I’m in Sydney this week for ISEA, first time for both. My paper:
OpenPaths: a new approach to aggregating personal geographic data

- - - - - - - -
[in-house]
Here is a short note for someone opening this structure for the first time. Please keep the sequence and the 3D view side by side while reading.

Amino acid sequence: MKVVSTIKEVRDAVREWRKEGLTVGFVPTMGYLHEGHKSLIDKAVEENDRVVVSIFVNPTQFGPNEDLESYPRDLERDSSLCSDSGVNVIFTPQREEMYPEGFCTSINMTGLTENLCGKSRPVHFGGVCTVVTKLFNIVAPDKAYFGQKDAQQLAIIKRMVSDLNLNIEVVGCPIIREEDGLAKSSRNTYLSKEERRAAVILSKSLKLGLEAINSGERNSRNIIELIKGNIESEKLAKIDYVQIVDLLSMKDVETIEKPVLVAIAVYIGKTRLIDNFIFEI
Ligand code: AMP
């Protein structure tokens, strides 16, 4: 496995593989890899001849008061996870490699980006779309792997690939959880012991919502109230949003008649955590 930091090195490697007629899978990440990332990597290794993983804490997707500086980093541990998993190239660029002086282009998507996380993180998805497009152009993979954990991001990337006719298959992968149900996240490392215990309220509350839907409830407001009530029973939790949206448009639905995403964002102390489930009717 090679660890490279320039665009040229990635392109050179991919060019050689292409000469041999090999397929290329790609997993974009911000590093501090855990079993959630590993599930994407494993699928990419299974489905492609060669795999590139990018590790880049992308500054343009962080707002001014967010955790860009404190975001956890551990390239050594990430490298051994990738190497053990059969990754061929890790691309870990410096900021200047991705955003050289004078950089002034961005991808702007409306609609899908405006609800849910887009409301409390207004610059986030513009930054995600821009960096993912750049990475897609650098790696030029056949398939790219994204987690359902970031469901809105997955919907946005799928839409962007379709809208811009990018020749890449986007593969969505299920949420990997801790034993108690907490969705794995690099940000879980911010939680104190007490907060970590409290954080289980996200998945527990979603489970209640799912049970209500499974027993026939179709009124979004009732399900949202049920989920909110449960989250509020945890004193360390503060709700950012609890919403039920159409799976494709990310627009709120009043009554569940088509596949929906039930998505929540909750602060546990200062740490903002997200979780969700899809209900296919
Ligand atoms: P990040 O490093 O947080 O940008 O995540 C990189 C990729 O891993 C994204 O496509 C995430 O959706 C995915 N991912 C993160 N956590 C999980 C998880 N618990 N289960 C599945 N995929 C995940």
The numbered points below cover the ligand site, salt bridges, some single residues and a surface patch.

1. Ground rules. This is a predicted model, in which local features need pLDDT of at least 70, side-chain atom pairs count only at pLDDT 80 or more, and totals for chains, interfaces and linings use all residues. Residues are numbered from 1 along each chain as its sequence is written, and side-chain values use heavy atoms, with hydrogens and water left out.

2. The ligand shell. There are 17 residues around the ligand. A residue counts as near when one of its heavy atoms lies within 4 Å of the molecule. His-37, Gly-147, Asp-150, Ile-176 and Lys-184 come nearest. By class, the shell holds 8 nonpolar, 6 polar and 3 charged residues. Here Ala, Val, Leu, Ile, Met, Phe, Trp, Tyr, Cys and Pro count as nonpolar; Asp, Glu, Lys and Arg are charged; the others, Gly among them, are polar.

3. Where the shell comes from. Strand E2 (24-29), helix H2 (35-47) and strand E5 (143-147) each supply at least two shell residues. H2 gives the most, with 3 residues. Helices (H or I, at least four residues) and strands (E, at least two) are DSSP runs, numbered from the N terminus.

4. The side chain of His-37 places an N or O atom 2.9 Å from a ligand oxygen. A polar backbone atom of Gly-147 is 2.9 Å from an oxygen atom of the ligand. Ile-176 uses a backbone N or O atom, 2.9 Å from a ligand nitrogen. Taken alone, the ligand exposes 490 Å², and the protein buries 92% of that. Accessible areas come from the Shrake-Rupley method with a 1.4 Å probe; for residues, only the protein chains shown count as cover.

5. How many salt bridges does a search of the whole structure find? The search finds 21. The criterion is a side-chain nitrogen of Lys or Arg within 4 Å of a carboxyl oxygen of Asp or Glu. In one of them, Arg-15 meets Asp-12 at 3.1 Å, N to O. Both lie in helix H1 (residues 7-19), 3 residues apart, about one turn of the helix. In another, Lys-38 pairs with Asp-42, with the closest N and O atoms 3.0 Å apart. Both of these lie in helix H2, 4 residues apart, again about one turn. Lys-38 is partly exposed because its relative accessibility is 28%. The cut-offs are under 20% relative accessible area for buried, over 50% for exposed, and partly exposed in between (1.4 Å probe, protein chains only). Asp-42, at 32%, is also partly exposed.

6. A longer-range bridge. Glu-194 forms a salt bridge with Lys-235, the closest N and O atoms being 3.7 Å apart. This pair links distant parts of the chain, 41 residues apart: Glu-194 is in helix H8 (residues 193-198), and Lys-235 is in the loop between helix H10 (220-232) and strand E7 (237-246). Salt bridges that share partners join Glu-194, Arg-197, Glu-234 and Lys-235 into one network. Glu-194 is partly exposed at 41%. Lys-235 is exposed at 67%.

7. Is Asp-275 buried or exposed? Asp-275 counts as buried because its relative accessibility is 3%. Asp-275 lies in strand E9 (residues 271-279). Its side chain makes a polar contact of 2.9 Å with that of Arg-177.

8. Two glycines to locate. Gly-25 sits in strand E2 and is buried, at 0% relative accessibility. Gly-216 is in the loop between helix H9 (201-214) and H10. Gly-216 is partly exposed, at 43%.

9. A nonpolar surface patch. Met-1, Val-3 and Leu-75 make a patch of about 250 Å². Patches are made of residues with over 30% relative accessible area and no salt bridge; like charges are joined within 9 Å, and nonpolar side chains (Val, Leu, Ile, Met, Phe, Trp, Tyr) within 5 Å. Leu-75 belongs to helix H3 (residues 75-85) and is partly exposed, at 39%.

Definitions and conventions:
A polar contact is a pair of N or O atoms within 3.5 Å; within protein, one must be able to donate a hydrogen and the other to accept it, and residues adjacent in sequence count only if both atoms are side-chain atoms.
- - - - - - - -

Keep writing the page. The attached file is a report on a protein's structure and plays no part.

The collection of personal geographic data from mobile devices is a ubiquitous practice of service providers and application developers. These data are being stored, analyzed, and monetized primarily by corporate interests; there is limited agency for individuals over their own data. Awareness among the public regarding the value of their personal data is nascent. OpenPaths, created by the Research and Development Lab at the New York Times Company, is a platform and a model and a platform that demonstrates the collective value of personal data sovereignty. It was developed in response to widespread media coverage of the obfuscated but accessible location record generated by all Apple iOS devices. OpenPaths participants store their encrypted geographic data in a cloud infrastructure while maintaining ownership and programatic control. Projects of many kinds, from mobility research to expressive artwork, petition individuals for access to their data in exchange for a stake in the outcome of the project. Ultimately, we would like to activate the practice of “participatory sensing” on a large scale in a way that self-regulates the creation of ad-hoc geographic datasets. Furthermore, within a theoretical context, OpenPaths moves beyond locative media’s primary concerns with connectivity, the coupling of data to place, and spatial representation to address the components of an ethical implementation of crowd-sourced geographic systems in the age of “big data”. How can we seat the individual in a mode of control over personal geographic narratives in a society in which locative media has become banal?